Induced Abortion, Mortality, and the Conduct of Science | James Studnicki, Sharon J. MacKinnon, John W. Fisher
There is no credible scientific opposition to the fact that a genetically distinct human life begins at conception and that an induced abortion is a death. Yet, abortion is not reported as a cause of death in the U.S. vital statistics system. Mortality patterns have profound implications for public policy. As a cause of death, we found abortion to be highly consequential, with large racial and ethnic disparities. Abortion represented 16.4% of non-Hispanic White deaths, but 61.1% and 64.0% of non-Hispanic Black and Hispanic deaths respectively. For Years of Potential Life Lost (YPLL), the ubiquitous measure of premature death, abortion accumulated 63.1% of non-Hispanic White YPLL and 86.5% and 87.4% of non-Hispanic Black and Hispanic YPLL respectively. Further, as measured by the availability of valid data and resources allocated for research, there is evidence that the science community is not appropriately engaged on this crucial public health problem.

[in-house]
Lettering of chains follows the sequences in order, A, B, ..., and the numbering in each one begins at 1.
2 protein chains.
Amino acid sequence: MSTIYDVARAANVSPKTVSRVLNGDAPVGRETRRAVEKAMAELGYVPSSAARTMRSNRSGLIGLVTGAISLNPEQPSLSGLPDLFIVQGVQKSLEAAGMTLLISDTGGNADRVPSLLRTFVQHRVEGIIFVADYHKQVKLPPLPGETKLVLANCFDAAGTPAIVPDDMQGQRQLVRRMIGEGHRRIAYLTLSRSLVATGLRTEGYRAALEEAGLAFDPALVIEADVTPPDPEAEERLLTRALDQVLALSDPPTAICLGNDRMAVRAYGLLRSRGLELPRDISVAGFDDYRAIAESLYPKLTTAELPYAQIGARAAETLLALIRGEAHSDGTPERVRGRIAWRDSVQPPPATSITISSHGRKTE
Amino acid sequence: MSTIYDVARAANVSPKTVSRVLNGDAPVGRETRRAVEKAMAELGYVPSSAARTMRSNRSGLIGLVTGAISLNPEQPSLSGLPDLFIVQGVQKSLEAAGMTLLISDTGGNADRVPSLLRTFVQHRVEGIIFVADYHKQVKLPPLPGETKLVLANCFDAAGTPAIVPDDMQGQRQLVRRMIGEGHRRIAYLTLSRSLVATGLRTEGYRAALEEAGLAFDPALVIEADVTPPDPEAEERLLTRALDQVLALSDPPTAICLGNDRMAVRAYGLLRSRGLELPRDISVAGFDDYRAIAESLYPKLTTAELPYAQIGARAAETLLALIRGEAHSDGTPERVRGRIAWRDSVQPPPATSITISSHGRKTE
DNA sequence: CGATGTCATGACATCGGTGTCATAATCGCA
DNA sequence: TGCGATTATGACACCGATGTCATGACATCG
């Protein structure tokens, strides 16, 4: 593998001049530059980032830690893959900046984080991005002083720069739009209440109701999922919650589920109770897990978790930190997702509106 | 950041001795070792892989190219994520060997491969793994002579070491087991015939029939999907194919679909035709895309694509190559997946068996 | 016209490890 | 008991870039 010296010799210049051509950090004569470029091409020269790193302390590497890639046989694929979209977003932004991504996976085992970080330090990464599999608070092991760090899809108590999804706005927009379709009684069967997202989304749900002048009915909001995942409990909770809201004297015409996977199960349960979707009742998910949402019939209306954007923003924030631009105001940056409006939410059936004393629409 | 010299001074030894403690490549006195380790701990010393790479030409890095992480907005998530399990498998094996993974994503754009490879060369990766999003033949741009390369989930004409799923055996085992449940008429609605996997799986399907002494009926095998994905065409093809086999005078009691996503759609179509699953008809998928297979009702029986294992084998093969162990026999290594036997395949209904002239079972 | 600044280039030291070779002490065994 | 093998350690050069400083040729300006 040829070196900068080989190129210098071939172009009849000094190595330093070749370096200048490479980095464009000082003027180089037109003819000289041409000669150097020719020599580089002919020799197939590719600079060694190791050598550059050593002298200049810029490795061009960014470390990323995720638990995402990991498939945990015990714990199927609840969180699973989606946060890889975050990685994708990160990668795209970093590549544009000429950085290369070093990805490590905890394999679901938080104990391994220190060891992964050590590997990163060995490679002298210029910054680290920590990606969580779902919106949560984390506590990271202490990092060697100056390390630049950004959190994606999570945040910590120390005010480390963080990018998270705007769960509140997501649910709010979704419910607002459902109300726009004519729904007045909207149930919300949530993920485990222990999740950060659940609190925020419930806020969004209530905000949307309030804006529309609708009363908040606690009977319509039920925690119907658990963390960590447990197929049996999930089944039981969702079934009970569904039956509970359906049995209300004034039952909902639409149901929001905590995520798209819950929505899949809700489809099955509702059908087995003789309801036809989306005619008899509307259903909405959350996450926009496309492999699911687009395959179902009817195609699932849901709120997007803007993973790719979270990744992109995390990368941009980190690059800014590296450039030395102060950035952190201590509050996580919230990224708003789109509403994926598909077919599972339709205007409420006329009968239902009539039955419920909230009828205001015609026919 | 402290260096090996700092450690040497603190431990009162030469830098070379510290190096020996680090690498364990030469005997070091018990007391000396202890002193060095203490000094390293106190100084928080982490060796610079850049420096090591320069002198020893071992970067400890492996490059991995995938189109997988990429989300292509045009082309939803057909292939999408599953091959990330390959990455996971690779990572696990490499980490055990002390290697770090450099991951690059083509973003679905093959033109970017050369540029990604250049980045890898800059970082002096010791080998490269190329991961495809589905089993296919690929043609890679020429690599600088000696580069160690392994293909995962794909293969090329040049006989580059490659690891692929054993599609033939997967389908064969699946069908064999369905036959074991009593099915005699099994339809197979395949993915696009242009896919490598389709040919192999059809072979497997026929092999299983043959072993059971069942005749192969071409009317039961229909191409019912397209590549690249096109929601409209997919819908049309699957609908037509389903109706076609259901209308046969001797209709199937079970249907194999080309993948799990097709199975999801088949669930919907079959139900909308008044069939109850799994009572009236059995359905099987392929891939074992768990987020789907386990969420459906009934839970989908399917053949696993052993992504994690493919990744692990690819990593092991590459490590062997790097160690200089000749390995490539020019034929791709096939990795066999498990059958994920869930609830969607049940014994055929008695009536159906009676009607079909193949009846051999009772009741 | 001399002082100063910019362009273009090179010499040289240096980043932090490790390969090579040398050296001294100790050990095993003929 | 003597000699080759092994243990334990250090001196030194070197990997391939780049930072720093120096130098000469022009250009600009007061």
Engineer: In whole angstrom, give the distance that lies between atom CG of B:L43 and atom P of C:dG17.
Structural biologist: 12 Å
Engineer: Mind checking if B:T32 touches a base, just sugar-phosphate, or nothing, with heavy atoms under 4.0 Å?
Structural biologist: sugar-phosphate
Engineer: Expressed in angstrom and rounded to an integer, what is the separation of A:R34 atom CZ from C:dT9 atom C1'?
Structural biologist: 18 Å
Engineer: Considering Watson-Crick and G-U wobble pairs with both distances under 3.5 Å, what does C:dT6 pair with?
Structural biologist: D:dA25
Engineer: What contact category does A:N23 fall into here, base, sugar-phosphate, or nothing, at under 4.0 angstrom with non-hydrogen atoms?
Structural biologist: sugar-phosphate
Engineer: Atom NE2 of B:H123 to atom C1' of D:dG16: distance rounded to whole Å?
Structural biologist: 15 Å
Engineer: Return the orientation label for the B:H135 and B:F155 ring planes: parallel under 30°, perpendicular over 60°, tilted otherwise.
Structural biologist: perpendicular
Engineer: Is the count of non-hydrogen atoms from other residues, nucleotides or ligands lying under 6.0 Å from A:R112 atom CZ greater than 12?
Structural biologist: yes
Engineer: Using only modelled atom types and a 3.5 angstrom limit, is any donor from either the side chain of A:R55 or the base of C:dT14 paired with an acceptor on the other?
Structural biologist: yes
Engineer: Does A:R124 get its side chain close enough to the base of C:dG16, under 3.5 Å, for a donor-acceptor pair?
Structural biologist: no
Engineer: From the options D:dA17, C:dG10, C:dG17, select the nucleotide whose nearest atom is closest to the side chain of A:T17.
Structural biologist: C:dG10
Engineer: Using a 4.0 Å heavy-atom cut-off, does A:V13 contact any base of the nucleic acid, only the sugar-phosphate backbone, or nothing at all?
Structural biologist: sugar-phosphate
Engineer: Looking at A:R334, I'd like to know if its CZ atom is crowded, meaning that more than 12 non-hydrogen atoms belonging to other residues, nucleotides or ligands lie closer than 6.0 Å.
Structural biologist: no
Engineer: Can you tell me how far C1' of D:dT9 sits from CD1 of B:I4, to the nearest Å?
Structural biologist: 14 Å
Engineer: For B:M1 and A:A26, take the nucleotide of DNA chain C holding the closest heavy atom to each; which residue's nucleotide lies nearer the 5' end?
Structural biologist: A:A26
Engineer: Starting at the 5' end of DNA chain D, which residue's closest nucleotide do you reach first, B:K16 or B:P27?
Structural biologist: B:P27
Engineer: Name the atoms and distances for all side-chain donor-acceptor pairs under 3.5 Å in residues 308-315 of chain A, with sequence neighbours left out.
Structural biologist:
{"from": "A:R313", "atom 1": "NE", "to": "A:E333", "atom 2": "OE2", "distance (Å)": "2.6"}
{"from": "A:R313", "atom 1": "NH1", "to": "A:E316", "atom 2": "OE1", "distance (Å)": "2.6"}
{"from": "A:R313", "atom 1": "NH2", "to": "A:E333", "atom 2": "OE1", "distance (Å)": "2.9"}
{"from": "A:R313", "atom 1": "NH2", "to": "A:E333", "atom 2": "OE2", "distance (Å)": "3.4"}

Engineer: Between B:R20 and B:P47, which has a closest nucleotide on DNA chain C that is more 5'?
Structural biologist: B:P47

Learn more: Open Journal of Preventive Medicine
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